воскресенье, 22 января 2012 г.

Simple Models

Recently I've started exploring Microsoft XNA platform. In an attempt to get familiar with numerous powerfull tools it offers I've decided to use it to accomplish some relatively simple but interesting task that will make use of graphics but won't prompt me to focus on sophisticated graphics stuff. Due to some strange reasons I've choosen to start with developing Rubik's Cube puzzle game. The idea for application here is quite simple - the only thing my game must offer to a user is an opportunity to solve the well-known puzzle on a computer screen.

As for development,the task accomplishment, roughly speaking, requires two smaller problems being solved: firstly I should design a Rubik's Cube representation for storing and modifying tha state of the toy in line with player's actions and secondly I need to introduce routines for showing the Cube in an appropriate state on the screen. I haven't started writing graphics-related code yet, but I feel I'm almost finished with the first stage - that means I have developed a couple of classes representing the puzzle which provide convenient ways for performing any required in-game operation on the toy (e.g. rotating one of the cube's faces).
These recent efforts to develop a simple and convenient model of a real world object encouraged me to think over Leonard Susskind's words across which I had come some time ago. Speaking about the legendary physicist - Richard Feynman - Susskind had said:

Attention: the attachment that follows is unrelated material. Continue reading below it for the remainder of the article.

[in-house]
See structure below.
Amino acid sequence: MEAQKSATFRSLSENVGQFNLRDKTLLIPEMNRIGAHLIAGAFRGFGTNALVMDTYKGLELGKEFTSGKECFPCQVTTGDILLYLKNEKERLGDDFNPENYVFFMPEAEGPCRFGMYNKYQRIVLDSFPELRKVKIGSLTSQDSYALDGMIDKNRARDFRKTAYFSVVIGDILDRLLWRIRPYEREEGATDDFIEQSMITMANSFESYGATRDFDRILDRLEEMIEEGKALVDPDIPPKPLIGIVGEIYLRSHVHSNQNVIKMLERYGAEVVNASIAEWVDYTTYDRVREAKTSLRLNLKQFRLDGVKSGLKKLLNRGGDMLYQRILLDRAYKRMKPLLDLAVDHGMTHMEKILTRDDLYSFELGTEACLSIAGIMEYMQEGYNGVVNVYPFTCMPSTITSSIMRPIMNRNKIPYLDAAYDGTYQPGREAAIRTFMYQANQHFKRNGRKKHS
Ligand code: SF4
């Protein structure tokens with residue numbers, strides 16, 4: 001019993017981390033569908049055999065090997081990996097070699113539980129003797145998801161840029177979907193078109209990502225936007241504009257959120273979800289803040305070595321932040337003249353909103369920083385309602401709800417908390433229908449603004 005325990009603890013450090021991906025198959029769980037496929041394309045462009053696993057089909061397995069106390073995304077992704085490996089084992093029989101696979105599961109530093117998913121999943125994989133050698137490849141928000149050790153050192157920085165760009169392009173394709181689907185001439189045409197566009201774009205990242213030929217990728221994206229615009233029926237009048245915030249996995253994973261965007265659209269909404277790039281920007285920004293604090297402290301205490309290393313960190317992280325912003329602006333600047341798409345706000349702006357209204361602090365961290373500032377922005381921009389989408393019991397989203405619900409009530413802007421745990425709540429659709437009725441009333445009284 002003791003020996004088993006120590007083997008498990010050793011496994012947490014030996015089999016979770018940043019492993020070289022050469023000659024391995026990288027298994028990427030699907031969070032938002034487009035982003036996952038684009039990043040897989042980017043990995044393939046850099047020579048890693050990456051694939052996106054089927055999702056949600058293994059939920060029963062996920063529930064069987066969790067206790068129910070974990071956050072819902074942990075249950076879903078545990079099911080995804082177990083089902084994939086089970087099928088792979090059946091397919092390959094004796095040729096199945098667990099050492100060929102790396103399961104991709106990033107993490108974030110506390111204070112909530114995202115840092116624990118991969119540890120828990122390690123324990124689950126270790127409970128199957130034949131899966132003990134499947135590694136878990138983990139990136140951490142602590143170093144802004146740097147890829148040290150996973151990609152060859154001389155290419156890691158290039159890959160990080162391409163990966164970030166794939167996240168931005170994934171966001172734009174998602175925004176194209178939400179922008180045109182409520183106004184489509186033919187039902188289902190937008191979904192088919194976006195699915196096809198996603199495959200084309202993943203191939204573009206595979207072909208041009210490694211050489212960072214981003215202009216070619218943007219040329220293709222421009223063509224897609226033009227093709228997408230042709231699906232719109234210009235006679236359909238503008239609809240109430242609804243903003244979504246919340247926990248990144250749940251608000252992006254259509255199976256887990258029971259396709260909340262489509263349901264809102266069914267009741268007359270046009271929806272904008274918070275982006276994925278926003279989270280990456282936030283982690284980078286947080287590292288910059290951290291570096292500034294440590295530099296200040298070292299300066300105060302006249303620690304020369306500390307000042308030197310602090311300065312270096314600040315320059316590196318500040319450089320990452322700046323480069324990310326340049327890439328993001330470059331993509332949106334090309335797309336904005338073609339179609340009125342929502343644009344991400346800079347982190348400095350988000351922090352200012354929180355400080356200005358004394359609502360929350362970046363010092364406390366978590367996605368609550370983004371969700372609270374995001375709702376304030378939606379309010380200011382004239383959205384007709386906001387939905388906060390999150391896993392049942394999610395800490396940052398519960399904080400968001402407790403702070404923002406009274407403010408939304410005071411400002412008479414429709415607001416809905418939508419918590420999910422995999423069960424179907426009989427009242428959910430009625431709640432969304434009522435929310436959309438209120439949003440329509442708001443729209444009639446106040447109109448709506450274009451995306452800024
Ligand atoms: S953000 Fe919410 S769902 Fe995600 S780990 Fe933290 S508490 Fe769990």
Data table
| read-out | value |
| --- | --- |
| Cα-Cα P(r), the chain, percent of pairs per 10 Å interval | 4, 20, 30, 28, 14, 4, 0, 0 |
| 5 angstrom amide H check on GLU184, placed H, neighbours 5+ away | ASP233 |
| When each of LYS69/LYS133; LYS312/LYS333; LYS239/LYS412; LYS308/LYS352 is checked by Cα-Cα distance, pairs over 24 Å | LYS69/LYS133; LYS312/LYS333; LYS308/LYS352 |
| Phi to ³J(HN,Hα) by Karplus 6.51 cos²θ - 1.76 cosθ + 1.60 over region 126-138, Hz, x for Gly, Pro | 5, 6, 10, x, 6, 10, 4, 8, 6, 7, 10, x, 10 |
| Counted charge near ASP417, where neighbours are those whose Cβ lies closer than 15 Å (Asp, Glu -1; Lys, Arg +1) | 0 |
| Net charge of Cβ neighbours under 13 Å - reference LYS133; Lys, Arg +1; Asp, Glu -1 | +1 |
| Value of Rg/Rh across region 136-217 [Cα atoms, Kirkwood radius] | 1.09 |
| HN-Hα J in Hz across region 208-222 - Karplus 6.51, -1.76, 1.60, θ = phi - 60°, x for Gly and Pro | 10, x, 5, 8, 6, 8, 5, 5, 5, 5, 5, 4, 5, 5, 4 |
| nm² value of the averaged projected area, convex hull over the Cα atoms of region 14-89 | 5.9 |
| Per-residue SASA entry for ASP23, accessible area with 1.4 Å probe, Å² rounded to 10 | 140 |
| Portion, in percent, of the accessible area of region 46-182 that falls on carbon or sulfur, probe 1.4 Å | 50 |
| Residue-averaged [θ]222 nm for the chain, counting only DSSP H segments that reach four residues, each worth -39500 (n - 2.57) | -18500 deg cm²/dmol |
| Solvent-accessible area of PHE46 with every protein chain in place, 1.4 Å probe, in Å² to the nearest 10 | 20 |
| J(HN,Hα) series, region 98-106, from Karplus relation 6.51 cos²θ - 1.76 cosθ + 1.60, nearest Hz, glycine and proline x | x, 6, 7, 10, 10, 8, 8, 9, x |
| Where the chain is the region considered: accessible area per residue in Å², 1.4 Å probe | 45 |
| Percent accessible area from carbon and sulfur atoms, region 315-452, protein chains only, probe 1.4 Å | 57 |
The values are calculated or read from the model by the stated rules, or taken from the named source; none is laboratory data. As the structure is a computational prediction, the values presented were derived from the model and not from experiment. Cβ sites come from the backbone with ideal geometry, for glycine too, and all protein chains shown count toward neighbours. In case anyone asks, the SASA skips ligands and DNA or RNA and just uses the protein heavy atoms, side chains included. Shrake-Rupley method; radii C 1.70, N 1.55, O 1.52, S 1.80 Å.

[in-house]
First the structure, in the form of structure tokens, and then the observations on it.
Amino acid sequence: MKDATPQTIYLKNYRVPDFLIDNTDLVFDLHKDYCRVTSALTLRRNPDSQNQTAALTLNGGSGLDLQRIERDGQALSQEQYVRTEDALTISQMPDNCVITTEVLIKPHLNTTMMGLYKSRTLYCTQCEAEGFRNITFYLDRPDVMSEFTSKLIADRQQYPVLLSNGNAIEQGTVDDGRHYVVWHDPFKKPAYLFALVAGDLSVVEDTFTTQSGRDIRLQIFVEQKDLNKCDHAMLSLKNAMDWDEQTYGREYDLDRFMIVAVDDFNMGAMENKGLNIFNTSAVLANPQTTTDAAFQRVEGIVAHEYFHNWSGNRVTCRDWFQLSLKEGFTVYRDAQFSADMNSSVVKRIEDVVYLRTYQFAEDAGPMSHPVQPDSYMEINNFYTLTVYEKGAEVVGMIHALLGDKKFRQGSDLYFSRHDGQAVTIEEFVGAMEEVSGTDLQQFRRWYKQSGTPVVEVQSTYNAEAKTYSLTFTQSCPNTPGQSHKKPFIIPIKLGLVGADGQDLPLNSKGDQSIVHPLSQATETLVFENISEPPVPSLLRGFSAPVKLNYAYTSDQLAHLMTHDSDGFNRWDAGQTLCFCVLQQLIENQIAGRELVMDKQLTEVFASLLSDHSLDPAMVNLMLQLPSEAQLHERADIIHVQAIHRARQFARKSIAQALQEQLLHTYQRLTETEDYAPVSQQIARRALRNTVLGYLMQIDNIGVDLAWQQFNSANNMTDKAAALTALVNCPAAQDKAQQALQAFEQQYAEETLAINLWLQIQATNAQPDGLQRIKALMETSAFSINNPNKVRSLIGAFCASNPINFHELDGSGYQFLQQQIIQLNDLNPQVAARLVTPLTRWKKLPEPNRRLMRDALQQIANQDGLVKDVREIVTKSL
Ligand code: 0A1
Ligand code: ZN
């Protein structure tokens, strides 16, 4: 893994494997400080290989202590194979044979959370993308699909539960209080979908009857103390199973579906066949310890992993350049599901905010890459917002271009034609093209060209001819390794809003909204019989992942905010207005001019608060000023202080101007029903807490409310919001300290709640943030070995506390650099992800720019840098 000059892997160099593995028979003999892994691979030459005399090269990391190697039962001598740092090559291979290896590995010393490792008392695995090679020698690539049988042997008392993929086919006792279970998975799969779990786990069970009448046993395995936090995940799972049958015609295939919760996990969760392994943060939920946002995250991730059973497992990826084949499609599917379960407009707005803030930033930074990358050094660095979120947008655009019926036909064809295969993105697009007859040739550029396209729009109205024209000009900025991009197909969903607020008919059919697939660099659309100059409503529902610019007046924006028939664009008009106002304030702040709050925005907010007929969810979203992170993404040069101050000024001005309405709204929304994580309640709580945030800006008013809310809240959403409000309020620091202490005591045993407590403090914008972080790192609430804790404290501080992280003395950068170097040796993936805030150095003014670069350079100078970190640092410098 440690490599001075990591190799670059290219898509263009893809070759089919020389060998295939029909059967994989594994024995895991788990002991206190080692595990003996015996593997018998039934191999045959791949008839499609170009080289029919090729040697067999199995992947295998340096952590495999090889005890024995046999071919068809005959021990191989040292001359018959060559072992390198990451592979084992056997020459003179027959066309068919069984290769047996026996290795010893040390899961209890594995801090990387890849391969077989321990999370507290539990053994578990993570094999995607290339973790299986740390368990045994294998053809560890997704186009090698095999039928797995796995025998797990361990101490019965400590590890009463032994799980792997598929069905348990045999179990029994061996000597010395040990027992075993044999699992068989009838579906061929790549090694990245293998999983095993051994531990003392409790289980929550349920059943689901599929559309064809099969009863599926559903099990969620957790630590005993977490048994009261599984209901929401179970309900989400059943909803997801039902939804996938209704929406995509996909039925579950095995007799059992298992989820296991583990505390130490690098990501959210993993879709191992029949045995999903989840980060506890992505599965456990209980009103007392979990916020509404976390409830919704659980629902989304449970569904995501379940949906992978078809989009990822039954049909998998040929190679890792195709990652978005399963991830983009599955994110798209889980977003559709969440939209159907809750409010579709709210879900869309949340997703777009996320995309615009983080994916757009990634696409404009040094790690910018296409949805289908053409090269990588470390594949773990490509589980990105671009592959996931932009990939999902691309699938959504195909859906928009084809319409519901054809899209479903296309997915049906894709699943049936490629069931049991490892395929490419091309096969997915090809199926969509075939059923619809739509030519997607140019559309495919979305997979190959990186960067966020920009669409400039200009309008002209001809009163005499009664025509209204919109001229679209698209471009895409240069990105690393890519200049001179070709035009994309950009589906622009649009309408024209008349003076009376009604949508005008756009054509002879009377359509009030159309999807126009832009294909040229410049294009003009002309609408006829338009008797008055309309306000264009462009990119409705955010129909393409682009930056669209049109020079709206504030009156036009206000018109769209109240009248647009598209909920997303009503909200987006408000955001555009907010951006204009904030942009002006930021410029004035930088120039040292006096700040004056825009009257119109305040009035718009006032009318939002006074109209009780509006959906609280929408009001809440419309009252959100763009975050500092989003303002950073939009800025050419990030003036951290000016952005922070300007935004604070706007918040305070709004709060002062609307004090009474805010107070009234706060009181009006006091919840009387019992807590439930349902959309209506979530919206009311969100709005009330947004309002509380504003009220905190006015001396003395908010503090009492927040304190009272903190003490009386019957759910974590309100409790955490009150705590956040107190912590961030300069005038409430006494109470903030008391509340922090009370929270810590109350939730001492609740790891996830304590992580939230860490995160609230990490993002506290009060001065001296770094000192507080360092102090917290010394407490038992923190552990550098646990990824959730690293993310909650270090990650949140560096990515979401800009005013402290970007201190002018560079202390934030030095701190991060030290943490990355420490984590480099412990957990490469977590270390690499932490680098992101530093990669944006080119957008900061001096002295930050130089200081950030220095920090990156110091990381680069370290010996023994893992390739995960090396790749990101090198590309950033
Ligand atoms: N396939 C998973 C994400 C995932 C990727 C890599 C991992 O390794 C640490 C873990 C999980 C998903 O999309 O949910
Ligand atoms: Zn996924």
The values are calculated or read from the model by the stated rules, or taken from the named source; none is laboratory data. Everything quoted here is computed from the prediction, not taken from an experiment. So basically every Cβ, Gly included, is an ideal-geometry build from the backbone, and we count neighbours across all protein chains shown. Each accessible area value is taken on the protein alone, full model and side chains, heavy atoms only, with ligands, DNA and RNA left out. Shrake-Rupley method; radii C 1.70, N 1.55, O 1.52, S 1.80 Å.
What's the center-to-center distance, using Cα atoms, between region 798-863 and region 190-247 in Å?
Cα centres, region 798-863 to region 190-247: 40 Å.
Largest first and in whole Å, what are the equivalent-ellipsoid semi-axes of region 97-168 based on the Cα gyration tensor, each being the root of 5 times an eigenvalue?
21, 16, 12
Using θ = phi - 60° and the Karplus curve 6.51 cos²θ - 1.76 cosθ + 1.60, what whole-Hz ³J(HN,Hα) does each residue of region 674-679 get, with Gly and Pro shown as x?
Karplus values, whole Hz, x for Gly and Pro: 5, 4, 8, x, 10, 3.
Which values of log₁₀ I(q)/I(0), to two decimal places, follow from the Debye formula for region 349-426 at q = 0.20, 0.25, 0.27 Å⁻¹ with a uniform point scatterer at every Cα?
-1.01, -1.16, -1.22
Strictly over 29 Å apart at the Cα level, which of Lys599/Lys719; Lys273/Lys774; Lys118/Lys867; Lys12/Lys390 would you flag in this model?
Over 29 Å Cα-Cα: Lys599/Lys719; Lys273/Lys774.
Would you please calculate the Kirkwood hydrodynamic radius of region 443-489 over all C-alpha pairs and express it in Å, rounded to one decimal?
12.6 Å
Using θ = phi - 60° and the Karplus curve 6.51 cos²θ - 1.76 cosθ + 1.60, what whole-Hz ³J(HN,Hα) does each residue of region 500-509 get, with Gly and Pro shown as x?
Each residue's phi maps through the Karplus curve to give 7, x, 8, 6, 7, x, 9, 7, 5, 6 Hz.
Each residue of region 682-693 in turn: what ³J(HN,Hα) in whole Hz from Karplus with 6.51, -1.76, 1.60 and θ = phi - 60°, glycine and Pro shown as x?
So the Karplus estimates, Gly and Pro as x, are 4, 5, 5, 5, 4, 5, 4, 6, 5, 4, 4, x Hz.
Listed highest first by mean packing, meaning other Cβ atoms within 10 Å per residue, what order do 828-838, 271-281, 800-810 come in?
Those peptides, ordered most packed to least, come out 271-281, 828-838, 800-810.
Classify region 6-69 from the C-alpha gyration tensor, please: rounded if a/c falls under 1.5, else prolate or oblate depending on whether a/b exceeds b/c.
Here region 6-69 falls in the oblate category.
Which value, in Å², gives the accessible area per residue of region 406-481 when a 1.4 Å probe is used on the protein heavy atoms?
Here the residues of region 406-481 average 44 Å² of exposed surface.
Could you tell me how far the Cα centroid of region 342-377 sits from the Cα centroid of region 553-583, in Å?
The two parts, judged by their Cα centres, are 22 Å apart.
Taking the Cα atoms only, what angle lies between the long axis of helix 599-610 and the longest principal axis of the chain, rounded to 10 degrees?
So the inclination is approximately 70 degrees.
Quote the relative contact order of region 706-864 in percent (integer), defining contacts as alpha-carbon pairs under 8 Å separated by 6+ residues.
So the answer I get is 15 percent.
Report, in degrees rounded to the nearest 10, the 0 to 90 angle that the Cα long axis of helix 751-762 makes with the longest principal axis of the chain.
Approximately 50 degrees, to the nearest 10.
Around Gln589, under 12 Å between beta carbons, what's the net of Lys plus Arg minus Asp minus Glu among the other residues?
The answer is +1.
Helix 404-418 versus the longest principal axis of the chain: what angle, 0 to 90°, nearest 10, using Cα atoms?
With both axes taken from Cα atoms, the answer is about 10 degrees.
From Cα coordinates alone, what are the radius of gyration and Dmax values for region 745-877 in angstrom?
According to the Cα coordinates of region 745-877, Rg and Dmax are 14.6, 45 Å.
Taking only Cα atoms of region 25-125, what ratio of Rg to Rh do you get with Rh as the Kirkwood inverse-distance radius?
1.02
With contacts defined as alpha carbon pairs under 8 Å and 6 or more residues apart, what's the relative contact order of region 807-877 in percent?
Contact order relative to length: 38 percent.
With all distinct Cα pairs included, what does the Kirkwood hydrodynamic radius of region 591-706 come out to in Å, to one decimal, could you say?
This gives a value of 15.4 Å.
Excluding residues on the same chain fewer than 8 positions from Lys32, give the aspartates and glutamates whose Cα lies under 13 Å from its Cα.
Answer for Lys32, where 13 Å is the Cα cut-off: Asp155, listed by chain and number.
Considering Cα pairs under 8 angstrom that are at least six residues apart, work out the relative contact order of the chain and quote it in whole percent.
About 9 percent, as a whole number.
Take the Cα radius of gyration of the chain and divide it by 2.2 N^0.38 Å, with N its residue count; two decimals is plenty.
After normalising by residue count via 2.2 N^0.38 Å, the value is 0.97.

"He [Feynman] truly believed that if you couldn't explain something simply, you didn't understand it."

My intuition supported this idea long before I've heard these words, although I have never thought about it deeply. However this time the attempts to design a representation of a real world thing combined with revisiting Susskind's speech made me contemplate the thought.

The above quote suggests that to understand something one needs to have a simple model of the thing in mind - only possessing such a model one can explain something - that is share the model - and the explanation will be simple only in case the model is. In fact having a complete model of some object or process means understanding it - and vice-versa - so the only way to understand something is to study or design a model of the thing. A task of designing a model is usually a hard one and requires a lot of work to be done. Such a design process involves overcoming numerous problems which actually help the developer to form a better understanding of the entire object or process being described. Obviously it is difficult to design either a simple model of an object or a sophisticated one, but surprisingly the former are usually much harder to discover and develop. That means one often needs to do much more work, to face much more problems to achieve a goal of designing a simple but workable model - that is precisely one of the reasons why simpler models correspond to a better understanding.